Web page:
Betraying the Martys' Phantom is out now on Sumerian, but how big of a step up is it for the band?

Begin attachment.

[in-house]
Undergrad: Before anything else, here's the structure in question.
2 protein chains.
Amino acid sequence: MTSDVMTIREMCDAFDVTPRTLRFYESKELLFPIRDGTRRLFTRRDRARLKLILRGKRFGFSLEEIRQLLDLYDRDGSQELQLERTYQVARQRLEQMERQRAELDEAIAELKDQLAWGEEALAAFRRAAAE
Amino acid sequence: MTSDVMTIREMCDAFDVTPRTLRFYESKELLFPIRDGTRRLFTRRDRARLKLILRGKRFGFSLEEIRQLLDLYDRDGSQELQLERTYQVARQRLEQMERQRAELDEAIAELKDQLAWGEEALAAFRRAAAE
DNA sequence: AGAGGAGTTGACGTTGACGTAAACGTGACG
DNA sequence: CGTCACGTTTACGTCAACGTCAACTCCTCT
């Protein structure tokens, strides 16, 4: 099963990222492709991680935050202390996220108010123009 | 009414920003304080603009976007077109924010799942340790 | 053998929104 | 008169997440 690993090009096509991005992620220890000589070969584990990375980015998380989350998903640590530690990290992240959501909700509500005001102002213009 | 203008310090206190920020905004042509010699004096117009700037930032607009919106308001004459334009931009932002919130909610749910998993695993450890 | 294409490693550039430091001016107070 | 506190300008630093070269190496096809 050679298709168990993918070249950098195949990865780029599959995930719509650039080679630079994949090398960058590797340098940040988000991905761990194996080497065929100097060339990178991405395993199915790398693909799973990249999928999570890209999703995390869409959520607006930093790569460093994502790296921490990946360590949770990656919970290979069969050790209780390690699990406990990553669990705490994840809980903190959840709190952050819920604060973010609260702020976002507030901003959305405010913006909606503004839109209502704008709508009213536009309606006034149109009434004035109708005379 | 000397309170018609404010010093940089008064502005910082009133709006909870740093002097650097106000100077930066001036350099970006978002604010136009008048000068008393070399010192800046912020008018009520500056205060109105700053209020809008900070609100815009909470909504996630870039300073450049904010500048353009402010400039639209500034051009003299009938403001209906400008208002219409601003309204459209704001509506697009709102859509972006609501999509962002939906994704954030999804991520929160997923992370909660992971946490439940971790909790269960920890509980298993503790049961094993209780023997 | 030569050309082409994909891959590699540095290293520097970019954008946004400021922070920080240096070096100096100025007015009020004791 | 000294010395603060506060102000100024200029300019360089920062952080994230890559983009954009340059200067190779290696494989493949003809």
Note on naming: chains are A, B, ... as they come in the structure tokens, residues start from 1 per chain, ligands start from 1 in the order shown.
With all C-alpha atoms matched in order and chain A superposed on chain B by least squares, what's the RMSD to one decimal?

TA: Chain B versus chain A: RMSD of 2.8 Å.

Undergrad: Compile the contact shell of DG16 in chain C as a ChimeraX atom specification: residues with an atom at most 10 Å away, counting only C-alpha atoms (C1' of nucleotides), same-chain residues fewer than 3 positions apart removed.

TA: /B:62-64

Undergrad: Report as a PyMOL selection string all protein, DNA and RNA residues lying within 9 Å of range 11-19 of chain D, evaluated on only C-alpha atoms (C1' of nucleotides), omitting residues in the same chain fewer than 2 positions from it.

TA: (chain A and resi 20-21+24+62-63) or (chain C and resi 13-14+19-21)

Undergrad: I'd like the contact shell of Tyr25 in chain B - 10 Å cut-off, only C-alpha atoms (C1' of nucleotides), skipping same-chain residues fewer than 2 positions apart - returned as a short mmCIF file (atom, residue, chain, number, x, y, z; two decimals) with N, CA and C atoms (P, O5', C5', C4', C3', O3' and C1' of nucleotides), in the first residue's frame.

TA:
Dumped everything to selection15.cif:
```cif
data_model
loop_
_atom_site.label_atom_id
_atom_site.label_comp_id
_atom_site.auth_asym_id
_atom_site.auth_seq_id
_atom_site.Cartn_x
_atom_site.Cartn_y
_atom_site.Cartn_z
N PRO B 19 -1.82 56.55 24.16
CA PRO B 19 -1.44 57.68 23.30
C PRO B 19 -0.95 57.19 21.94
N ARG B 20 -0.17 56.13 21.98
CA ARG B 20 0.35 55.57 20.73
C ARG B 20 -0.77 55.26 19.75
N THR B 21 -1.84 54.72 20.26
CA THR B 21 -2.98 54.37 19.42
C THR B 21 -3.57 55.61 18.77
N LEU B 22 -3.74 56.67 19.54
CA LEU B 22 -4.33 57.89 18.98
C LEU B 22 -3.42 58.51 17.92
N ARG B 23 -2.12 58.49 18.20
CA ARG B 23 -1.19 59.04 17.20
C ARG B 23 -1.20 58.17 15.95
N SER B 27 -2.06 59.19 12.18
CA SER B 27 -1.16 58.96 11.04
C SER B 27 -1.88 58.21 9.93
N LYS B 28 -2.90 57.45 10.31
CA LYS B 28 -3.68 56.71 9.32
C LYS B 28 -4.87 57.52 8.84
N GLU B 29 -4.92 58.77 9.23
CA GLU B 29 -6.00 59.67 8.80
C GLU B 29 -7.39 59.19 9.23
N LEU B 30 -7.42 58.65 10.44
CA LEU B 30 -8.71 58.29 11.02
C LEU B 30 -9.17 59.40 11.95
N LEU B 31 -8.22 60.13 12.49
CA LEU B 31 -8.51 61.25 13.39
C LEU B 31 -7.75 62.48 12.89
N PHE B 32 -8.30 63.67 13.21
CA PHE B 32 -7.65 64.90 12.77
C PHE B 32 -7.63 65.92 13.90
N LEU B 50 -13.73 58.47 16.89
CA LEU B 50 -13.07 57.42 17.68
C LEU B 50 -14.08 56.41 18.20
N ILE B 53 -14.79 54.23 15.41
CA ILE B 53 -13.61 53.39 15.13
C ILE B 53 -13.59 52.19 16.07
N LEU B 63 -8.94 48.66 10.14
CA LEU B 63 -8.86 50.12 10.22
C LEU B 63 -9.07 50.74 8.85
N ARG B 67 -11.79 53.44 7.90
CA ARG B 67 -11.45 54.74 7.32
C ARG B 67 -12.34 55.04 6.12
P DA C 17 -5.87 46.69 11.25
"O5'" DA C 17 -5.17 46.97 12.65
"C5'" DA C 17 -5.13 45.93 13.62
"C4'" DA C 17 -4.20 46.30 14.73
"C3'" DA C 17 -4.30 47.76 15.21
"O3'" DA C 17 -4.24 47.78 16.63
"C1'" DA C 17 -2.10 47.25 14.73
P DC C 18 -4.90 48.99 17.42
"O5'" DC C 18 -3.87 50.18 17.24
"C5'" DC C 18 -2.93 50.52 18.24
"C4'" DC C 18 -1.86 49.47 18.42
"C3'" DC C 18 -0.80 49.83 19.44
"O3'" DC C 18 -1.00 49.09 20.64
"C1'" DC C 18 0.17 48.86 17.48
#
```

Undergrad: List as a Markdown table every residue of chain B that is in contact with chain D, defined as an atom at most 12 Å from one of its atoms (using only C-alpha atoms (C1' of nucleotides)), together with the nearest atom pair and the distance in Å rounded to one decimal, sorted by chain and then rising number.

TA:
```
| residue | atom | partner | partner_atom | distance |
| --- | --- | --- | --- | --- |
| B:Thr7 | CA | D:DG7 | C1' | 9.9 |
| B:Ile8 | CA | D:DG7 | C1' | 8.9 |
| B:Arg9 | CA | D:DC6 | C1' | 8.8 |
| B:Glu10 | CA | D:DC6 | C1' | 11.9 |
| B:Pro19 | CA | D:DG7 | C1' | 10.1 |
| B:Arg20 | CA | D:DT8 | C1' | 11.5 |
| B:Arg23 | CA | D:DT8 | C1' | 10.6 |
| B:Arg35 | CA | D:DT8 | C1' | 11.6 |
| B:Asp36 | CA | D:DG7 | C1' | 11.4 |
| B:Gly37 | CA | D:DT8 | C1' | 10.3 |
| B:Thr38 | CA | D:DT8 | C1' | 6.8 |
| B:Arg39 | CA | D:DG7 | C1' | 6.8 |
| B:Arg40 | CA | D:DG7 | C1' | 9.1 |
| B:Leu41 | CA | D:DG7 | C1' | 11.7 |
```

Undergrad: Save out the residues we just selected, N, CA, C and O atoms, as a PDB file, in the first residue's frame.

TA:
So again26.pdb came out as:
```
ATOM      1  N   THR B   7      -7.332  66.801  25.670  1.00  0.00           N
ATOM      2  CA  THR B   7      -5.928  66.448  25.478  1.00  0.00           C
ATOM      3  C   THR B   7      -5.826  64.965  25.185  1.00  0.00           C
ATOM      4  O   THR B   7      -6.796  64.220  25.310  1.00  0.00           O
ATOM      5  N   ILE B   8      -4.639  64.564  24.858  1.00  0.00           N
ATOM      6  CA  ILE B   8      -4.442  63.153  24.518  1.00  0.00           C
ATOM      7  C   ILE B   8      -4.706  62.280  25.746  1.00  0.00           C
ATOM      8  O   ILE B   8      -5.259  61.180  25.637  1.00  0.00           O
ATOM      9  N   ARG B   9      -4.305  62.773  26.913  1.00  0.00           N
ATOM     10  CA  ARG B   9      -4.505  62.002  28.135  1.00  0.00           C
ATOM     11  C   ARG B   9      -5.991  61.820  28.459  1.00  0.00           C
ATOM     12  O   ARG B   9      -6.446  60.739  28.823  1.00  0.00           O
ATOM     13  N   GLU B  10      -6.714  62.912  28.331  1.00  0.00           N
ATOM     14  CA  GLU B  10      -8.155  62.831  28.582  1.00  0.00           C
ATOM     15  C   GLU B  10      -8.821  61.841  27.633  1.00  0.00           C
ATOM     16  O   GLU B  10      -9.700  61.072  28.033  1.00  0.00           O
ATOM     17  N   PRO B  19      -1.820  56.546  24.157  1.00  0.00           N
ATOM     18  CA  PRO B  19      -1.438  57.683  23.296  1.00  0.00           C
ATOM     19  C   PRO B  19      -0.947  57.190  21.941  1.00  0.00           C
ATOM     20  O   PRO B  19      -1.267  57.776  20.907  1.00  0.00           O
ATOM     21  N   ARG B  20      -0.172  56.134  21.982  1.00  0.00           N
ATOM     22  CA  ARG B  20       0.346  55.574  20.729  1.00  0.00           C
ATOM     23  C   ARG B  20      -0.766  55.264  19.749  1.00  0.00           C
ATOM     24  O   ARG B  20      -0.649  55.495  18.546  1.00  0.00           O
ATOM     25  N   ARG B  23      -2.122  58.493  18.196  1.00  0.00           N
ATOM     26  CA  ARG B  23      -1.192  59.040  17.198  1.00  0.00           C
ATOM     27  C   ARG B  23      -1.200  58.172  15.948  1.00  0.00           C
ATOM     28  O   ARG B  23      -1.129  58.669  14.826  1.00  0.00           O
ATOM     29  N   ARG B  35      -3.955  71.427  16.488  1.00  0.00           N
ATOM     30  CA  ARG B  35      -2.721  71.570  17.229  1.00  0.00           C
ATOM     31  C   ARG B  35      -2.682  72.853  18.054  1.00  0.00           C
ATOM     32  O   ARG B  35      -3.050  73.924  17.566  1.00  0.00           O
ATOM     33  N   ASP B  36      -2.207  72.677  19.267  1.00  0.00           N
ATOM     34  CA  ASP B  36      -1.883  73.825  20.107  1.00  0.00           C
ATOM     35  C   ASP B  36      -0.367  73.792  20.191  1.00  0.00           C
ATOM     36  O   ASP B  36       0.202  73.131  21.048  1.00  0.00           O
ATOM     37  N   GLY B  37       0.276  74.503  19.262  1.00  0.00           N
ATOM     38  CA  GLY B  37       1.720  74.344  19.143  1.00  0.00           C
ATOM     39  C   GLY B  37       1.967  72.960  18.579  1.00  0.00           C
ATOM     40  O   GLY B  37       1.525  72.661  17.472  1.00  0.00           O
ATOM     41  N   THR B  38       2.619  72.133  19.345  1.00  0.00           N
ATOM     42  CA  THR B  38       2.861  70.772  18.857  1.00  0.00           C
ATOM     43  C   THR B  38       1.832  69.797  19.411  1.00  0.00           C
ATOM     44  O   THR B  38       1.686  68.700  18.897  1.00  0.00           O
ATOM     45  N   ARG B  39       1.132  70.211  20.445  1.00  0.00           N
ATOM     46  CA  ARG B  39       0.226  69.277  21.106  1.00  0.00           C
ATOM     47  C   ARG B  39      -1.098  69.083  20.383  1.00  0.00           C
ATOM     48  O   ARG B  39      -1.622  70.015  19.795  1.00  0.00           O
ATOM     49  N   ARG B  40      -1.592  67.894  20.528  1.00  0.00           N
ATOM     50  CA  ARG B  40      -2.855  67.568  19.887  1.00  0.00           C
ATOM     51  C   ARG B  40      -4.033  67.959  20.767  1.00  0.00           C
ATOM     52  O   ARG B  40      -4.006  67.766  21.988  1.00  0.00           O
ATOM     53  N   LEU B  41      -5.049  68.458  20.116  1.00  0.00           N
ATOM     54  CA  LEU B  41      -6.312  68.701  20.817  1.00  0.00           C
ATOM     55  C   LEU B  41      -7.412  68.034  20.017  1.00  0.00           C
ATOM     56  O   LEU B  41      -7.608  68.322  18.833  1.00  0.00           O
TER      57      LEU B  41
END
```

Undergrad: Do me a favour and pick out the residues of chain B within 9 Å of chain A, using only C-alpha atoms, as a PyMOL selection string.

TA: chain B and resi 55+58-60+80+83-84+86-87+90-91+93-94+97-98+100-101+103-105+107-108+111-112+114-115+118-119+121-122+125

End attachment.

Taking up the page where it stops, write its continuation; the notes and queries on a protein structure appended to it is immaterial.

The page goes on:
Perhaps the greatest advantage to Betraying the Martyrs’ metal melting pot is that it makes for music that refuses to stagnate or sit still for too long. Incorporating black metal’s symphonic tendencies, blast beats, lurching breakdowns, clean vocals and soaring choruses into one mighty maelstrom, the Paris-based sextet have spent plenty of time crafting sophomore effort Phantom. It’s a record that strikes hard, fast and with a variety of different weapons, and whilst it’s not quite a total triumph, it’s a mightily impressive statement. The notion is set and set early that this is a band who don’t wish to waste any time. No fancy schmancy introductions here, just Jigsaw’s savage, furious blast beat to being proceedings. But then it morphs into a fractured beat followed a deathly slow beat-down, before soaring into an inspired chorus and gorgeous lead-led bridge. It’s worth pointing out that this accounts for less than two minutes of the record, whilst also acting as a useful taster for what’s to come. The same scatter-gun approach isn’t re-used too often, with subsequent offerings varied but featuring substantially less shape-shifting. http://youtu.be/yyWocPrUogQ That allows exciting offerings like the title-track with its thrashy stomp an opportunity to shine, and Phantom is all the better for it. Each of the thirteen songs on offer feels like it has an identity, with plenty of light, shade and a clear desire to offer respite from the metallic din courtesy of a trio of epic instrumentals, with a rather large symphonic streak. It flows surprisingly well when you consider how most of BTM’s peers set their phasers to pummel, and there’s a clear correlation between the variation on offer and the clear step up in musicianship on evidence from front to back. Front and center of that is Aaron Matts, with his grunts and roars sounding simply monstrous, double-tracked and coming closer than most metal vocalist do to invoking an actual demon. Phantom isn’t without its issues. Firstly, it’s missing just a few more standout songs.; the second half of the record in-particular is welcomingly varied but doesn’t impress quite as much as the first, the machine-gun blasts and slightly-cheesy soaring chorus of Lighthouse sticking out highest above the parapet. There’s also an undeniable sense that Betraying The Martyrs are rushing things just a touch, so excited are they to impress that they blitz their way through moments that require a little more control. The crushing conclusions of Where The World Ends and the title-track are prime examples, fading out far too quickly having established interesting elements. Finally, the inclusion, however tongue-in-cheek of a cover of Let It Go, centerpiece of Disney’s Frozen soundtrack, does the band a great disservice, lumped in as it is as the record’s fourth track when a wiser suggestion would surely have been bonus track status. Thankfully, these problems don’t conspire to ruin what is a particularly impressive and solid heavy record. The marriage of lighter, more progressive elements and a combination of modern and black metal makes for a noticeable step up for the band, and given the swathes of identikit bands attempting to marry the extreme and...well, not so extreme, it’s heartening to hear Betraying the Martyrs evolve with their tenacity, ear for melody and identity intact. 7/10 Phantom is out now on Sumerian Records. Many thanks to Lisa @ Hold Tight! PR.